Read: Gunbrella preview – A rain-soaked gothic Western to die for

‘The controls for the actual movement of the Gunbrella was one of the first things that got done in the prototype,’ Bourgeois explained. ‘The wall jumping, floating, bouncing on it, striking enemies with it – all the stuff was the first thing we did … The core was there from the beginning. We went along to improve the feel of it, the fluidity of it.’

‘It was actually kind of a challenge in that way, because it felt so good. And you could do so much movement, so fast … when you can already jump and then dash and glide almost the length or the height of the entire screen and move really quickly, it makes for kind of difficult design decisions.’

In adapting the world of Gunbrella to their ideas, Doinksoft created a cloistered world filled with ledges and traversal challenges, where players must think on their toes, and work towards uncovering mysteries with patience, and well-timed platforming. You can breeze through stages, but you may miss hidden gems, or the solution to one of the game’s many puzzles, hiding in a dark corner that requires a neat skip-hop-twist to access. All the while, strange forces ooze into your world, preventing your progress as intriguing mysterious coalesce.

Muted horror

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Image: Doinksoft

Combining the aesthetics of the Old West with a run-and-gun adventure game featuring a semi-magical umbrella would be a unique enough premise – but Gunbrella is a game that takes this several leaps further, as its detective story is infused with dark creatures, body horror, and seemingly endless buckets of blood.

Initially, while looking at inspirations for the game, Doinksoft considered Resident Evil, in its approach to survival horror and enemy implementation. While ideas shifted, Gunbrella still shares much in common with this horror journey, particularly in the design of its fleshy, strange beasts.

‘I think [the monsters] came a little bit from the original concept of it being a little bit more of a horror and survival type of game,’ Dwyer said. ‘We wanted to have human interactions with various kind of factions, and then also times where things would get dark and there would be these abominations, these creatures. Both of those concepts stayed in … And as far as the design of monsters in the game, they are essentially ghosts inhabiting flesh of some sort, or organic material.’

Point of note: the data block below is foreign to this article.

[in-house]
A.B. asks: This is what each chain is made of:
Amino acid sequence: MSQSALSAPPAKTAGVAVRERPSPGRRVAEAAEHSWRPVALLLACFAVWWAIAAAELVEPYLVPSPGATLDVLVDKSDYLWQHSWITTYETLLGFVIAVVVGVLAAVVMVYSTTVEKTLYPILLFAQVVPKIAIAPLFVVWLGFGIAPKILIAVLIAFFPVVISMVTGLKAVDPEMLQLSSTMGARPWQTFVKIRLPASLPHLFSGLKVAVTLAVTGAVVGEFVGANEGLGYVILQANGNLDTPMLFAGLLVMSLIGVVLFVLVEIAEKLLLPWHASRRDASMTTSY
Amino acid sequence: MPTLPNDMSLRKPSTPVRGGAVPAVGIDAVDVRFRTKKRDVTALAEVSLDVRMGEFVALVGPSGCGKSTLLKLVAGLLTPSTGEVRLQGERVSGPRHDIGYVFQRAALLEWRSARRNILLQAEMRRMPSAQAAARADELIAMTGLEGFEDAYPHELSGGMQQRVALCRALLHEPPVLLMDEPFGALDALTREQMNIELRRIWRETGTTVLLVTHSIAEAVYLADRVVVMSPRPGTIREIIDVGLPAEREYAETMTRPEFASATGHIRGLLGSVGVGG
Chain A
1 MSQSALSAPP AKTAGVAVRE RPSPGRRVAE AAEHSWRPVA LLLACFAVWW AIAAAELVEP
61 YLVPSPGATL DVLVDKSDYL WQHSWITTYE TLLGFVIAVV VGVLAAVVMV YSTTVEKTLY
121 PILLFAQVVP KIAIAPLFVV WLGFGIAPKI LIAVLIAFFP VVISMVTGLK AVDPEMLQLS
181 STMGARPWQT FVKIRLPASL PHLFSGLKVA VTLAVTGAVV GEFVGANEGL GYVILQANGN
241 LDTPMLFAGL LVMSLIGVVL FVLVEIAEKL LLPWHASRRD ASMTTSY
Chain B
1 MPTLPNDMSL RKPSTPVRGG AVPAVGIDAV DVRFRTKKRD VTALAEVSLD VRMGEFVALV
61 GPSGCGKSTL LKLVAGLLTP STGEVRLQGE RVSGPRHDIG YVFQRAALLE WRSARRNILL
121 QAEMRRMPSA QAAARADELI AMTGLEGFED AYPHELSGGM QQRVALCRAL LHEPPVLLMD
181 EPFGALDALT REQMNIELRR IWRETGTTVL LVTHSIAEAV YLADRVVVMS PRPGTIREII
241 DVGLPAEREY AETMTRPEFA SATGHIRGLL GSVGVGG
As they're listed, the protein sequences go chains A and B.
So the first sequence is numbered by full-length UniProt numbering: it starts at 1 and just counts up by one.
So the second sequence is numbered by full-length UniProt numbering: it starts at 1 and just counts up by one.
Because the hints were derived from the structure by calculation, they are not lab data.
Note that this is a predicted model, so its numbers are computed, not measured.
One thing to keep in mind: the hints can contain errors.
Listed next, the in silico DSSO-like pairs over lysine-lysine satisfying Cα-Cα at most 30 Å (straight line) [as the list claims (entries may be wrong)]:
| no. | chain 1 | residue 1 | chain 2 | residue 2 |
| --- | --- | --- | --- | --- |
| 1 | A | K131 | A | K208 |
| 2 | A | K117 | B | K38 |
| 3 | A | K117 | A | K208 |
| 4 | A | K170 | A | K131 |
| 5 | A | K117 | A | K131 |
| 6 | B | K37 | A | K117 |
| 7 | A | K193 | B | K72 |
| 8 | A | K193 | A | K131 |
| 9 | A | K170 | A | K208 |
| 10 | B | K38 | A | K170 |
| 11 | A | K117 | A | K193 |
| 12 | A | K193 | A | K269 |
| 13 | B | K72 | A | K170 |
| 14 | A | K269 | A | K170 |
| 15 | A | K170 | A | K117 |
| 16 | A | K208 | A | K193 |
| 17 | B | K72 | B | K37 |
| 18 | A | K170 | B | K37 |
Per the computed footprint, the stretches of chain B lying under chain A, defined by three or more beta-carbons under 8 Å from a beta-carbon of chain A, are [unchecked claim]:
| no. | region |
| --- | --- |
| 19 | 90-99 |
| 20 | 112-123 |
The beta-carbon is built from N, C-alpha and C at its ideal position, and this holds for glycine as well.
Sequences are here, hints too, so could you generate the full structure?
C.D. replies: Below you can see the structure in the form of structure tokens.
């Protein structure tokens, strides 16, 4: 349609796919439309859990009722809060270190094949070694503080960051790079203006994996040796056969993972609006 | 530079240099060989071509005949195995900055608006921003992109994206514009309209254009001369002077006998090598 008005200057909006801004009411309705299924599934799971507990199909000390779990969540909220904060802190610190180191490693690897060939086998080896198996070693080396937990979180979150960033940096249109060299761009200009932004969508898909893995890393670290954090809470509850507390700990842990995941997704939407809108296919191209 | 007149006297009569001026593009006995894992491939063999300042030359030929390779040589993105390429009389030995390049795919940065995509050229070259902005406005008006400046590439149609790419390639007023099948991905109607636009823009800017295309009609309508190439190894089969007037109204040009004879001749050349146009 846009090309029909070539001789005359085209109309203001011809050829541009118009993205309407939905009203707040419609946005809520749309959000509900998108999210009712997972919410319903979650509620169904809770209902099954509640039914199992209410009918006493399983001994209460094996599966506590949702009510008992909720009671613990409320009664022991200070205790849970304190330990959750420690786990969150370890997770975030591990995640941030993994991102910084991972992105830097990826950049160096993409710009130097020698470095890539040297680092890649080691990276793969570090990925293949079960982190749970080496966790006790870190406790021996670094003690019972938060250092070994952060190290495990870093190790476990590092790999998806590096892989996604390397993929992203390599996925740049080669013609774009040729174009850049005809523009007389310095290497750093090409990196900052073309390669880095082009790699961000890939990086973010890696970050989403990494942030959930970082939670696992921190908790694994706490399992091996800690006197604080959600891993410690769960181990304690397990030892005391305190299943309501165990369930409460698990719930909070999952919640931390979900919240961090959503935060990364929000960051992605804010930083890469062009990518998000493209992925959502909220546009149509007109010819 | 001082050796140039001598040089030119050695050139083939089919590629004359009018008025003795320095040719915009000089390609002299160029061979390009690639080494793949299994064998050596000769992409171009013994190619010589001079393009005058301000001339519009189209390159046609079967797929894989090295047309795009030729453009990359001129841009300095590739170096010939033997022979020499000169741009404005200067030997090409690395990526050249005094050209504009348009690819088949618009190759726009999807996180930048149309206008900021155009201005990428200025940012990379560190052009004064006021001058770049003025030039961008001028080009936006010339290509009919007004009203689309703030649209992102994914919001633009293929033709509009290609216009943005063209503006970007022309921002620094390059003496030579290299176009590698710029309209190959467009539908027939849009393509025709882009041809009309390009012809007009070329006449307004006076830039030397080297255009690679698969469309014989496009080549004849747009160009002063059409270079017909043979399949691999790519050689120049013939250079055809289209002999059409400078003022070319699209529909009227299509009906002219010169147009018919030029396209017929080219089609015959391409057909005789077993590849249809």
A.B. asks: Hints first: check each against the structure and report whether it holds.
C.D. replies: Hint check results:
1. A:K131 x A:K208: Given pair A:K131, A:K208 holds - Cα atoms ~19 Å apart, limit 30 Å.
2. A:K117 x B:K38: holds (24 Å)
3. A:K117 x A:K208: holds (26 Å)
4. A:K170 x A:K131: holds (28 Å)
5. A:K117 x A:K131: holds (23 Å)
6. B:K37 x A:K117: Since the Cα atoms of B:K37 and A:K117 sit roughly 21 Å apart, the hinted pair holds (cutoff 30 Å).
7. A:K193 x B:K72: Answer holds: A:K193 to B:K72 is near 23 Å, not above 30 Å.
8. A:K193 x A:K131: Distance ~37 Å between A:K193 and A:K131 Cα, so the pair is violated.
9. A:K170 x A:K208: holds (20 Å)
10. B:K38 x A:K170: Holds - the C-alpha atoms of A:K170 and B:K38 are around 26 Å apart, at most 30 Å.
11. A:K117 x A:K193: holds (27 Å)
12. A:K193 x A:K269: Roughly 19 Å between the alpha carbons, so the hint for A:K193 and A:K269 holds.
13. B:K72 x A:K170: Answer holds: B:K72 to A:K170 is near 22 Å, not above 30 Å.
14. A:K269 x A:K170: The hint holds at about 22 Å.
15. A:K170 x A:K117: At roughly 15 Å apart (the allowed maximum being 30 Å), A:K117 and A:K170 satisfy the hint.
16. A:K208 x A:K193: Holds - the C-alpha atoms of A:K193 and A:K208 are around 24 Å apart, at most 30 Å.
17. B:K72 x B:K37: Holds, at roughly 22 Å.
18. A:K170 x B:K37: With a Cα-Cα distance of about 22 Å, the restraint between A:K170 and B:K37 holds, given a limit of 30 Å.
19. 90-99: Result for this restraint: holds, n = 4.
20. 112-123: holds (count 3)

‘So, it’s like what if a bunch of meatballs all came together? That’s kind of how we went with it.’

gunbrella game adventure
Screenshot: GamesHub / Doinksoft

According to Bourgeois, these monsters double as a horrifying interpretation of the real-life energy crisis, with these ghosts feeding off a polluted energy source, and becoming strange and decayed as a result. They haunt the world of Gunbrella, spreading their tendrils throughout its world, creating an uncanny, hostile landscape where the endless rain and a gun that’s also an umbrella are barely remarkable oddities.

When players visit this world, they’ll have the opportunity to experience these strange beings, and ward off their influence with their trusty gun-umbrella by their sides. In the weeks ahead, Doinksoft’s mission appears similar – fighting bugs, polishing tools, and ensuring Gunbrella is ready for launch.

‘It’s been round after round of QA. We’re QA-ing the game in general, doing QA on the localisation, implementing ten different languages in the game,’ Bourgeois said. ‘There’s all different steps to that – there’s a lot of semi-mundane but rewarding stuff.’

‘You’re looking at it in this blob form for so long,’ Dwyer said. ‘But putting in that frame of “pause menu, save files, different languages, that kind of stuff” is like, “oh, yeah”. This is a real game. You can imagine what the experience might be like.’

Four long years after Gunbrella was conceived, the game is on the cusp of a well-earned delivery.

Gunbrella launches for PC and Nintendo Switch in 2023.

Leah J. Williams is a gaming and entertainment journalist who's spent years writing about the games industry, her love for The Sims 2 on Nintendo DS and every piece of weird history she knows. You can find her tweeting @legenette most days.